are fascinated by the Moon and its ever changing appearances. And
many try to photograph it - and discover that it isn't a too
easy target. Further, most start out with the full Moon which
isn't the most interesting, photographically speaking, because
the Sun is then high on the Lunar sky, shadows are short and
comtours are washed out. As a matter of fact, photographs of the
Moon when there is a distinct border line ('the terminator')
between the Lunar day- and night-sides is much more rewarding.
Lunar photography is difficult because details - apart from the
"seas" and larger craters are so very tiny. Much smaller than
people normally realize and a decent focal length is required to
show any real details.
atmospheric seeing is of utmost importance. In the wintertime,
the air may be very clear, but the stars twinkle (due to
atmospheric turbulence) and so do the tiny craters, mountin
peaks, rifts and valleys on the Moon! Details will be smeared
out, the images appear soft and no sharpening in post-processing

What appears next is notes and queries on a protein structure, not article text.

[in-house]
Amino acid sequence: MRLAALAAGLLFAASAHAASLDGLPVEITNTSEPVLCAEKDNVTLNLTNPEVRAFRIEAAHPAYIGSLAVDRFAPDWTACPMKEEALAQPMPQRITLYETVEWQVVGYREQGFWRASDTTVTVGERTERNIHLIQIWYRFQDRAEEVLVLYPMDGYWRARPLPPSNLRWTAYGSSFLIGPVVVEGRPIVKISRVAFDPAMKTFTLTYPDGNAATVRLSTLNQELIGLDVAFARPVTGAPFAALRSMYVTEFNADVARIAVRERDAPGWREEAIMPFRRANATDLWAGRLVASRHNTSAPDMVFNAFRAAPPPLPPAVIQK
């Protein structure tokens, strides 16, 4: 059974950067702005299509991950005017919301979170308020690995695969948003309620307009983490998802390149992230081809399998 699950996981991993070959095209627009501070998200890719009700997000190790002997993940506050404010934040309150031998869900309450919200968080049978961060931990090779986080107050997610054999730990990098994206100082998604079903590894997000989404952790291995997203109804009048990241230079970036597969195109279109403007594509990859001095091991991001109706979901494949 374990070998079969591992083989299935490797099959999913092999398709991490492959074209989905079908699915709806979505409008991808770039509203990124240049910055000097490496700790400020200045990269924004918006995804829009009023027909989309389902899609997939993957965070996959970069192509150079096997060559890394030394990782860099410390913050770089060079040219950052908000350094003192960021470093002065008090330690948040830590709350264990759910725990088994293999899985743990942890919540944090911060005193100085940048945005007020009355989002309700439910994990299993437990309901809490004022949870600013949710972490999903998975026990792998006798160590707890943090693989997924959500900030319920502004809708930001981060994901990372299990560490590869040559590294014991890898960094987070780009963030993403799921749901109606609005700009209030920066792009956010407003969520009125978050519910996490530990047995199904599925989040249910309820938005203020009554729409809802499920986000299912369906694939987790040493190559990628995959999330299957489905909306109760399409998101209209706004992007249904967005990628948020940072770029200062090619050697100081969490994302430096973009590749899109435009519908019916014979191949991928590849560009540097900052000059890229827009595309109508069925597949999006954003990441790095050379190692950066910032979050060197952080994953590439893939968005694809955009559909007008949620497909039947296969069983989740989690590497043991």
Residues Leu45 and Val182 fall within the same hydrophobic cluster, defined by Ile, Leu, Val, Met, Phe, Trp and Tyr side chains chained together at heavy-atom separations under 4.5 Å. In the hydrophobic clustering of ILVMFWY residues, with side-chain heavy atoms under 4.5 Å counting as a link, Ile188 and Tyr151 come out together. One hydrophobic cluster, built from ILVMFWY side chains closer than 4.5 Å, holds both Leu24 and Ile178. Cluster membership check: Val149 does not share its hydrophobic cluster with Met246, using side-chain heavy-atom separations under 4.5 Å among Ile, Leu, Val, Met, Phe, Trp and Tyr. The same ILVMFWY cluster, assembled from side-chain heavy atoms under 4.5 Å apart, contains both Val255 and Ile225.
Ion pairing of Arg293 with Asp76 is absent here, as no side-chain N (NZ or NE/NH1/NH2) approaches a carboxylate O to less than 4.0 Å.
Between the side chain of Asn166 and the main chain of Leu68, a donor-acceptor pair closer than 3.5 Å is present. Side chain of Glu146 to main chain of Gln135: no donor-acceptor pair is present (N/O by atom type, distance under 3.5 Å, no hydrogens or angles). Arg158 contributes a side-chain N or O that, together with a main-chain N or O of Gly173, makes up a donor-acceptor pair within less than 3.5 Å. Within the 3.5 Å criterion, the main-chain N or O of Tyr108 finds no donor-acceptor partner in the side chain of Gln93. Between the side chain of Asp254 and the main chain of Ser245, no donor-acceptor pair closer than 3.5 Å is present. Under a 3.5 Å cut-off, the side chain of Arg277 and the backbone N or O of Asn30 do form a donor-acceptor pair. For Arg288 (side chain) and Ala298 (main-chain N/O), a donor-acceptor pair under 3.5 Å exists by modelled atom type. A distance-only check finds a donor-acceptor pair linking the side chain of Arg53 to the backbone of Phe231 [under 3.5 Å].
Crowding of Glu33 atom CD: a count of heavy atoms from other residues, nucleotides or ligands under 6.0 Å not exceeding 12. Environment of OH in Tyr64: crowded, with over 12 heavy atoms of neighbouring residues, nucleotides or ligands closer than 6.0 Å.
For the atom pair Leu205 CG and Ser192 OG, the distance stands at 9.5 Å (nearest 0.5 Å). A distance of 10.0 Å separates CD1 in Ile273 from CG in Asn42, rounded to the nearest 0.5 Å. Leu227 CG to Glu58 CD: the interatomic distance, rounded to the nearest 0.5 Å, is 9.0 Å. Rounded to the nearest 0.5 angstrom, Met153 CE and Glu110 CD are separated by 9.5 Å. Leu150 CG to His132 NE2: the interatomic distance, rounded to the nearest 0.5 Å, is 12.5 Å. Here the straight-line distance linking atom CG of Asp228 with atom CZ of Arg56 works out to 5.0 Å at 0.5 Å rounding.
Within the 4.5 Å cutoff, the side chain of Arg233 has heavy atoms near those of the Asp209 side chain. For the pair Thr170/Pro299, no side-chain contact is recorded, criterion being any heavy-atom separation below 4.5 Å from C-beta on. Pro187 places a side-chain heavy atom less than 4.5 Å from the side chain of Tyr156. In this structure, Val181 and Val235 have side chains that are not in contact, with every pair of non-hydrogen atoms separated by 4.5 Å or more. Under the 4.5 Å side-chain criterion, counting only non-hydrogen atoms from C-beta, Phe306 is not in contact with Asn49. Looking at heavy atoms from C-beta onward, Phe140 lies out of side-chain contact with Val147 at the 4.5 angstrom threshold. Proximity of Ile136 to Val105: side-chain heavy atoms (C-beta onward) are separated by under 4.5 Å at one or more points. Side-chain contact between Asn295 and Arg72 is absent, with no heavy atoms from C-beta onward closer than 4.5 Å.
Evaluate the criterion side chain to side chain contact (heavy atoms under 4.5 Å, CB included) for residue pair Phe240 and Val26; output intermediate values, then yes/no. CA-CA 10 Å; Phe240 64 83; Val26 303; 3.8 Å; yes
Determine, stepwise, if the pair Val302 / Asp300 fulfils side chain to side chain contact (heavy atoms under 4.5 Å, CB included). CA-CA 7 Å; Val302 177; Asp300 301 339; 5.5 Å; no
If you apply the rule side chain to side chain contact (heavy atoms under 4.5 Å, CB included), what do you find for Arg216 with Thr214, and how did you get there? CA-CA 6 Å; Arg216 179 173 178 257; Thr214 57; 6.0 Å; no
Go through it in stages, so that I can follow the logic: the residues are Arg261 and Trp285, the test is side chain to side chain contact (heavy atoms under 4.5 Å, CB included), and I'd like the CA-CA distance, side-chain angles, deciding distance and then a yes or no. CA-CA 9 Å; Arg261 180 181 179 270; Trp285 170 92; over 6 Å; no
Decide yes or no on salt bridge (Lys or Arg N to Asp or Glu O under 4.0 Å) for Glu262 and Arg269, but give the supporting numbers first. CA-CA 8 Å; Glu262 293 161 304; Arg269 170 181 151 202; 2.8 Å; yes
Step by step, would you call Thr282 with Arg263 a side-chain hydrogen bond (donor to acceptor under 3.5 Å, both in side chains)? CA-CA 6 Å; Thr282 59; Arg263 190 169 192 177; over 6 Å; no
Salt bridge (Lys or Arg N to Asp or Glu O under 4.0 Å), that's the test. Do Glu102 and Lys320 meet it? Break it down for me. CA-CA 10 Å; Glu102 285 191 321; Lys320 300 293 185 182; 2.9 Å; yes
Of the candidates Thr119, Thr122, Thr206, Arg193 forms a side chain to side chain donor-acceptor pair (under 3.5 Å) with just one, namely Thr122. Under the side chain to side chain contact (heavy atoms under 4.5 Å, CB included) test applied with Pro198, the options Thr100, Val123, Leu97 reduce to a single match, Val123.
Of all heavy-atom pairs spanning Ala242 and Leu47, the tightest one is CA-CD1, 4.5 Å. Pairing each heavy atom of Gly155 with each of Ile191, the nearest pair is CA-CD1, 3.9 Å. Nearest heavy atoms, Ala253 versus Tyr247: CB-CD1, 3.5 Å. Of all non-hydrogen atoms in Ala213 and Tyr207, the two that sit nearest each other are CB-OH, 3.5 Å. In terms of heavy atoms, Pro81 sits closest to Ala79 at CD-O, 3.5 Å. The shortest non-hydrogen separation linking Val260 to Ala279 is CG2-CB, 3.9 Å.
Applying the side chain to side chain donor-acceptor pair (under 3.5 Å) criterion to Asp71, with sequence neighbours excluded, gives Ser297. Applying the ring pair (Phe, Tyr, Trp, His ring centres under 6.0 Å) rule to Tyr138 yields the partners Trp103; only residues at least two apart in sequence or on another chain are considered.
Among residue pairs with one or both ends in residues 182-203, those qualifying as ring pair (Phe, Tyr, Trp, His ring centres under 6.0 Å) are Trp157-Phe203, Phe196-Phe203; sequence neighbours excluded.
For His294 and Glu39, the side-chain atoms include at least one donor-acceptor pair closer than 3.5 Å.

will bring out any real detail.
But once in a
while, the conditions will be right. The air will be calm, the
Moon high in the sky and showing an interesting phase. And then
it is the time to grab your longest lens or a small telescope.
Elsewhere on this site, you can read about
Settings for Lunar photography.
In the example above, I have used a small 4" f/10 Vixen
Polaris R 100L Newtonanian, a Tamron SP F-series 2X
Teleconverter and a Pentax K-5 DSLR to capture the moment when
the first rays of sun touch the western rim of crater Copernicus
just south of Mare Imbrium - The Sea of Rains. Note also how the
Sun low over the horizon, as seen from the Appenine mouintain
range (to the south-east of Mare Imbrium) make the shadows long
and black and thus, make these mountains look really rugged and
"wild". Seven images were stacked in Registax and
post-processed in PhotoImpact.
So, move your
cursor over the image above, click on thge image and zoom in on
Sunrise over Copernicus.
(Also, you may click
Here to see the un-cropped lunar image in larger